Instead of fretting about falling markets, consider whether they are an opportunity to convert all or part of a traditional IRA or 401(k) plan to a Roth IRA.
Lower investment prices can reduce the cost of converting assets into tax-free Roth IRA assets. When all or part of a traditional IRA or 401(k) is converted to a Roth IRA, the amount converted is included in gross income as ordinary income. You pay taxes at your regular rate on the converted amount.
When a portfolio declines, you can convert more of it (such as more shares of a stock or mutual fund) for the same tax cost that would have been incurred before the market decline. Or you can convert the same amount of the investment for a lower tax cost. If the investments recover, you’ve turned more wealth into tax-free wealth than you could have before. That’s also the case if you sell the losing assets before or after the conversion and reinvest in better-performing assets in the Roth IRA.
A conversion that didn’t make sense before the market decline might be attractive to you after the decline. Or a conversion that looked attractive before might be more attractive now.
Most IRA custodians will allow you to convert specific holdings of an IRA. For example, if you have some stocks with lower values, you can transfer those shares to a Roth IRA as a conversion.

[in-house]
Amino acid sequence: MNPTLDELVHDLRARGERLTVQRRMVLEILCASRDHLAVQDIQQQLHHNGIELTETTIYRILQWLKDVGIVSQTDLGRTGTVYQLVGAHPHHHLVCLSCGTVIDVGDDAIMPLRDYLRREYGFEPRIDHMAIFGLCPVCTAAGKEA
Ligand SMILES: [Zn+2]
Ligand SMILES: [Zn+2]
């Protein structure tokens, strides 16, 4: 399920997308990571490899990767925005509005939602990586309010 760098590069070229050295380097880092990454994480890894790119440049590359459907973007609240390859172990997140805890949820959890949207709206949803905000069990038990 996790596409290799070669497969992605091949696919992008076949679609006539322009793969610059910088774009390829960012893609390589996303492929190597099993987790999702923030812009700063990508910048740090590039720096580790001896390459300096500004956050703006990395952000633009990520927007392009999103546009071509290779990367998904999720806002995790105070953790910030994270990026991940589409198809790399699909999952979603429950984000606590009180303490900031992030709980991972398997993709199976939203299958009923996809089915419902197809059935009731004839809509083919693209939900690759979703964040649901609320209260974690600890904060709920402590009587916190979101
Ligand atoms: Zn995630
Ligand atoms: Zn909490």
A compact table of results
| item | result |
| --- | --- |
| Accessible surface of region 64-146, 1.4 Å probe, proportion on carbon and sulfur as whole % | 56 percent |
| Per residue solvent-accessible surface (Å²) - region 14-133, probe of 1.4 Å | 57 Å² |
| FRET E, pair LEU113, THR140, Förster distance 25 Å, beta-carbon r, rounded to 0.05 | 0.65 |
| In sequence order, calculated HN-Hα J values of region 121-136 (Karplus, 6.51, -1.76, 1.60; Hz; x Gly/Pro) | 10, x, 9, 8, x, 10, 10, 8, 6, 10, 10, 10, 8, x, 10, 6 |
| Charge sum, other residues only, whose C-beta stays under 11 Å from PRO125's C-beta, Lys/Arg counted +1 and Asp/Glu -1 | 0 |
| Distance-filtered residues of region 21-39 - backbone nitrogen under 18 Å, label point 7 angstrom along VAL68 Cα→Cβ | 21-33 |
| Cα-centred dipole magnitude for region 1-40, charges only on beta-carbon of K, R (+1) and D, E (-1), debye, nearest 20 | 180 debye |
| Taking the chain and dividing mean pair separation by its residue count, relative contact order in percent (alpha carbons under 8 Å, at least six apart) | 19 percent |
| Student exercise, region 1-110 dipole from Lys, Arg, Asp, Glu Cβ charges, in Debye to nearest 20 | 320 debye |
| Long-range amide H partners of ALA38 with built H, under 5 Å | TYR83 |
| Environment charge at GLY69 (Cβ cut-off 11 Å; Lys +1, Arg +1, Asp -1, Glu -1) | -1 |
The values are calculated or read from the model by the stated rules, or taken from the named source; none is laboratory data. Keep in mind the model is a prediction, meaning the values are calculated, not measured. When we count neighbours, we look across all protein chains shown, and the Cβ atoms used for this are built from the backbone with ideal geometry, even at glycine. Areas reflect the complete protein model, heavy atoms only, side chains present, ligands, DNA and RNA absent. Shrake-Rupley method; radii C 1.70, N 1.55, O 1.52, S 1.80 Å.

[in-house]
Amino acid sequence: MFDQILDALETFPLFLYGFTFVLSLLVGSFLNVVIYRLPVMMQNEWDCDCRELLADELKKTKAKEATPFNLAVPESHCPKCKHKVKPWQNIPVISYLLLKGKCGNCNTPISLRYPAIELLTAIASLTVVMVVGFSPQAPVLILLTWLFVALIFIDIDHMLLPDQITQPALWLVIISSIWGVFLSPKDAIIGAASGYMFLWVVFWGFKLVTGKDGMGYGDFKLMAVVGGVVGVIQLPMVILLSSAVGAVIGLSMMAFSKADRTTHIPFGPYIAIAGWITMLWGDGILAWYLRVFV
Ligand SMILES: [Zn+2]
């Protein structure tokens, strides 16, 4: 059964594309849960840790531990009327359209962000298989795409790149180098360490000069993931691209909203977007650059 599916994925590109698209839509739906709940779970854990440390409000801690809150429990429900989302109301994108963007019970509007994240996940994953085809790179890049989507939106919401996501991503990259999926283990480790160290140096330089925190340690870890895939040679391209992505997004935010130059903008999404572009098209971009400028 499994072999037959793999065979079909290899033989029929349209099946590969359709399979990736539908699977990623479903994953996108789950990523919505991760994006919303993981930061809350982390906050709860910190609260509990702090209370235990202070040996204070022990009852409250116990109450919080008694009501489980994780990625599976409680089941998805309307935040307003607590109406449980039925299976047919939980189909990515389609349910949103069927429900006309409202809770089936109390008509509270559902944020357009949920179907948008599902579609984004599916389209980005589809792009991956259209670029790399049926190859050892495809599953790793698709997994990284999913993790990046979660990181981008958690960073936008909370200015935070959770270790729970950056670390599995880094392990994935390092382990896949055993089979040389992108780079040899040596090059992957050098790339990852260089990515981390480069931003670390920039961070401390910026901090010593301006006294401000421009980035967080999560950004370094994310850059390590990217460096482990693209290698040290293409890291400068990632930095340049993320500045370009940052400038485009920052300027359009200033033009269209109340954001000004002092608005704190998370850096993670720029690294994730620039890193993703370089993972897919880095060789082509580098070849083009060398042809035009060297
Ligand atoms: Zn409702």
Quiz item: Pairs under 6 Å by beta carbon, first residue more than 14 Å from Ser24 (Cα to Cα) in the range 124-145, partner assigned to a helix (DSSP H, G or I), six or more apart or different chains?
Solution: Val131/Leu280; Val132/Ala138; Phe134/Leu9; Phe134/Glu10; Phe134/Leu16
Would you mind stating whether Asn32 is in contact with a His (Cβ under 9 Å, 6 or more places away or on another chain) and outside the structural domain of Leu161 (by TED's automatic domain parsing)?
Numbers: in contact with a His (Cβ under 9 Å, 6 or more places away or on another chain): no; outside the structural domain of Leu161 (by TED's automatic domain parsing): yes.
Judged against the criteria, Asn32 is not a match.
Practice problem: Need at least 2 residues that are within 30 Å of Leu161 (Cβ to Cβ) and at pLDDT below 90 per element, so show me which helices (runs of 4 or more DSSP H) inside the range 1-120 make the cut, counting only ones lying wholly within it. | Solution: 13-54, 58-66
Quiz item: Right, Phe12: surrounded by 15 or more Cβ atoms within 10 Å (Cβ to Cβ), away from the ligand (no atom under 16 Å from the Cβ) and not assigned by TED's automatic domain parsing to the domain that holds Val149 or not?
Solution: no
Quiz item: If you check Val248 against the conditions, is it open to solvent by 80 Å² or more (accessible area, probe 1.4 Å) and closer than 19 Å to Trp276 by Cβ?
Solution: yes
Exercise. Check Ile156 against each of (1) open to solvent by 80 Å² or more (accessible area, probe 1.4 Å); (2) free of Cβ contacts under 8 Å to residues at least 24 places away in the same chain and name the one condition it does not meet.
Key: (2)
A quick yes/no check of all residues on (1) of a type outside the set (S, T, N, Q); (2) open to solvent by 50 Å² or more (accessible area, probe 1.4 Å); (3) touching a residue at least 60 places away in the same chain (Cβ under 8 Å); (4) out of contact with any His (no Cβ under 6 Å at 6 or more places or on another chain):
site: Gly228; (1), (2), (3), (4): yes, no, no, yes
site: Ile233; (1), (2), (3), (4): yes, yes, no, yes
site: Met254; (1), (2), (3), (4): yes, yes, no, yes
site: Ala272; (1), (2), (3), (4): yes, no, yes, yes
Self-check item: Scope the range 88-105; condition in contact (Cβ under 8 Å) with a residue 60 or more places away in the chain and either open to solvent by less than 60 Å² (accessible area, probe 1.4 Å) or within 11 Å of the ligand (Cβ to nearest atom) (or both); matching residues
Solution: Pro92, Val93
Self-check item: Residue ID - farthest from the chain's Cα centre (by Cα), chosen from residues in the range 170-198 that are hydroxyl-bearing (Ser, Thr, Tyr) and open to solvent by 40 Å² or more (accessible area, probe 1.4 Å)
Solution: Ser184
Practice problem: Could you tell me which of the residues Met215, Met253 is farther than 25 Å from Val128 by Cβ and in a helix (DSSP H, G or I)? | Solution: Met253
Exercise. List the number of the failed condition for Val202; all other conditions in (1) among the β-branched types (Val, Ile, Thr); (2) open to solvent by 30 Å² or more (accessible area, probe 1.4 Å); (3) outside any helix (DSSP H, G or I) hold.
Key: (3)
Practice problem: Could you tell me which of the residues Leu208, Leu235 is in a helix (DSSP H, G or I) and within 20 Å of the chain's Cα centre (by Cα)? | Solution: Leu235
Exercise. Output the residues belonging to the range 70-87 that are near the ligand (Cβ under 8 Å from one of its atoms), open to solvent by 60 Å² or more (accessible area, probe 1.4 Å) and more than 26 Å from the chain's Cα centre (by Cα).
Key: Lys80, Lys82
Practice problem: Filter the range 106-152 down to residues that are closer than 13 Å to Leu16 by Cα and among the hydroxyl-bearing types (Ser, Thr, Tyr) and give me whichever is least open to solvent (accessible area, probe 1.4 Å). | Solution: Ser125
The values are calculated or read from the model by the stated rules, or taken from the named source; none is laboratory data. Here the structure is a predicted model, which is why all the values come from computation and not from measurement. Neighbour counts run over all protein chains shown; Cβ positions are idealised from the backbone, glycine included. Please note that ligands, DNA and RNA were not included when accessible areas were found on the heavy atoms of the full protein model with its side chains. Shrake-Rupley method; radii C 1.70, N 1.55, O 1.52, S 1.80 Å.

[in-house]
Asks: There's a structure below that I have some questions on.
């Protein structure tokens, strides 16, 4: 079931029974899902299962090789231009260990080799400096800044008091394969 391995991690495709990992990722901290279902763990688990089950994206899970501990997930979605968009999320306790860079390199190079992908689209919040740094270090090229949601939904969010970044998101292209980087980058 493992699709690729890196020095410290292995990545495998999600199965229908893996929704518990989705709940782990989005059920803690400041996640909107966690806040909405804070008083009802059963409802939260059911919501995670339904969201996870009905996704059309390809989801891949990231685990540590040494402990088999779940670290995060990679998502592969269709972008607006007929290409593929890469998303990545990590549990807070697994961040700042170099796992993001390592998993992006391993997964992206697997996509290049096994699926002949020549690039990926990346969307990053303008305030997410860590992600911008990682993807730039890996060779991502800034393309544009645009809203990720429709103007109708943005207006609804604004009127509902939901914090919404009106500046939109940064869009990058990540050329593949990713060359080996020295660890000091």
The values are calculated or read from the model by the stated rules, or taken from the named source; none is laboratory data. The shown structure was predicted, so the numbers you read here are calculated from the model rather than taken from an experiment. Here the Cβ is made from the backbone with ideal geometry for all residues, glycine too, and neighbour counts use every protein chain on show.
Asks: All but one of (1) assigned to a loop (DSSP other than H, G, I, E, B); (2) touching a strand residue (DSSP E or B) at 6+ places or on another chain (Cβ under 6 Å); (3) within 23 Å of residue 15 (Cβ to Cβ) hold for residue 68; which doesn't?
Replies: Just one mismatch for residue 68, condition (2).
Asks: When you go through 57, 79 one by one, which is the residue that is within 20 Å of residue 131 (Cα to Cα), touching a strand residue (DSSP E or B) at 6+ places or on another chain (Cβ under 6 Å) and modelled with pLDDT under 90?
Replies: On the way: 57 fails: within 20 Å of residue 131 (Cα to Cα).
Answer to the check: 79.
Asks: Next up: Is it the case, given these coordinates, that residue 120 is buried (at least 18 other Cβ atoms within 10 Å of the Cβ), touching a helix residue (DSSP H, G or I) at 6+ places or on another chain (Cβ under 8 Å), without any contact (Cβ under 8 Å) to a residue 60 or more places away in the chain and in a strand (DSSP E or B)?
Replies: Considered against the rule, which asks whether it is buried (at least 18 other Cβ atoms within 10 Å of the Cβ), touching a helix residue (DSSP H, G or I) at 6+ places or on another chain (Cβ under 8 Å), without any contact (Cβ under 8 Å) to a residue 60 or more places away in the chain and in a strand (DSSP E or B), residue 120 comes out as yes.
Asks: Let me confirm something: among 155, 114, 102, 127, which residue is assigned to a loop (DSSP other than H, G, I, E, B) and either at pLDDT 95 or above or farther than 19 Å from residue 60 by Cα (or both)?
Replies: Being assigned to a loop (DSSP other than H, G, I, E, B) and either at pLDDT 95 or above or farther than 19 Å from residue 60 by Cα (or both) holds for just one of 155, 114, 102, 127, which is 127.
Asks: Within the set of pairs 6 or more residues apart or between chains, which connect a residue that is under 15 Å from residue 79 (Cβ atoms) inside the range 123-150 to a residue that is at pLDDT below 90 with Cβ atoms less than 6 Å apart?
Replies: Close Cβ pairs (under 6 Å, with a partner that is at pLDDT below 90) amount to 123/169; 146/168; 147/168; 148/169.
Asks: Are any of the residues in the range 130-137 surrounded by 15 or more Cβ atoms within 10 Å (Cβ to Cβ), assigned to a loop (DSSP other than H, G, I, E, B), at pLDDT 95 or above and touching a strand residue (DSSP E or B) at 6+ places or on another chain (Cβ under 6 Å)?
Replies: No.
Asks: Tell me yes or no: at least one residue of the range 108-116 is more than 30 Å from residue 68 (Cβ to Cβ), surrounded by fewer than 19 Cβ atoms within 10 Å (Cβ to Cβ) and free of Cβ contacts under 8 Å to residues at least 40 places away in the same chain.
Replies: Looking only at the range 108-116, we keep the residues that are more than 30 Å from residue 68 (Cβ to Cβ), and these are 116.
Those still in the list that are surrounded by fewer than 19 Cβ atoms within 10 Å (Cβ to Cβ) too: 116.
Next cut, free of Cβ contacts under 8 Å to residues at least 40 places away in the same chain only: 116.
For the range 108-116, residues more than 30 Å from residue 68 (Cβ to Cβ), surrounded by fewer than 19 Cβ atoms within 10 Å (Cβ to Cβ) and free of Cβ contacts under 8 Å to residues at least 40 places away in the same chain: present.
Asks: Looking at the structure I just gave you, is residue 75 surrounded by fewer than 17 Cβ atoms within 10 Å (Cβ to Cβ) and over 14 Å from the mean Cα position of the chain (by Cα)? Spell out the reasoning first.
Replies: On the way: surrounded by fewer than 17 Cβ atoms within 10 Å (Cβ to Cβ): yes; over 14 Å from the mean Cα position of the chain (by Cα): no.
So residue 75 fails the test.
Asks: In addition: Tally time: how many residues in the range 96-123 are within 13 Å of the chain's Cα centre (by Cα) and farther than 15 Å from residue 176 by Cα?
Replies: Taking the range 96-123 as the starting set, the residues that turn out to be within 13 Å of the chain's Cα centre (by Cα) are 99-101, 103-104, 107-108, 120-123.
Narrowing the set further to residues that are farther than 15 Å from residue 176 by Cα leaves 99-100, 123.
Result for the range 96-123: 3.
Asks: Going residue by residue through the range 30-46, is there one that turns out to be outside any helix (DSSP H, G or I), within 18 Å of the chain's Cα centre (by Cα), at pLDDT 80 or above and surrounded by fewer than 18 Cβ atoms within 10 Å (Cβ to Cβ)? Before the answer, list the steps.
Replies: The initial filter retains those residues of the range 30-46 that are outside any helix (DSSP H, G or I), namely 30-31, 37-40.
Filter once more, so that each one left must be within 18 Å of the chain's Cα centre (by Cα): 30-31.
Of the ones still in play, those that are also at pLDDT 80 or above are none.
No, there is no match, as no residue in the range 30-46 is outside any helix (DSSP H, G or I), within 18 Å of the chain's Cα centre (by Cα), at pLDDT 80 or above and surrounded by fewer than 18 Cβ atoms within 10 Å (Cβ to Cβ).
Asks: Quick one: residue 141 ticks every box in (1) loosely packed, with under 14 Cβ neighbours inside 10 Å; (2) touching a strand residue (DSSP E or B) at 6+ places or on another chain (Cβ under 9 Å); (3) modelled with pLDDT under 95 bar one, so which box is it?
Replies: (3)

Keep in mind that the original owner of a Roth IRA doesn’t have to take annual required minimum distributions. The wealth you convert stays in the Roth IRA for as long as you want it to. That makes a conversion especially attractive as an estate planning move. You create tax-free wealth for your heirs, and it compounds in the Roth IRA for them to inherit unless you need the money.
There are several factors to consider before deciding to convert a traditional retirement account to a Roth IRA. The most important is the expected difference between today’s tax rate and future taxes rates. If you expect tax rates to be higher in the future, that’s a strong case for doing a conversion at today’s tax rate.
Another key factor is the source of paying the taxes on the conversion. A conversion makes a lot more sense when taxes are paid from funds outside the IRA.
A conversion also is more profitable when the Roth IRA isn’t invested conservatively. The goal is to maximize the tax-free returns that compound in the Roth IRA. The longer the money can remain and compound in the Roth IRA, the more …….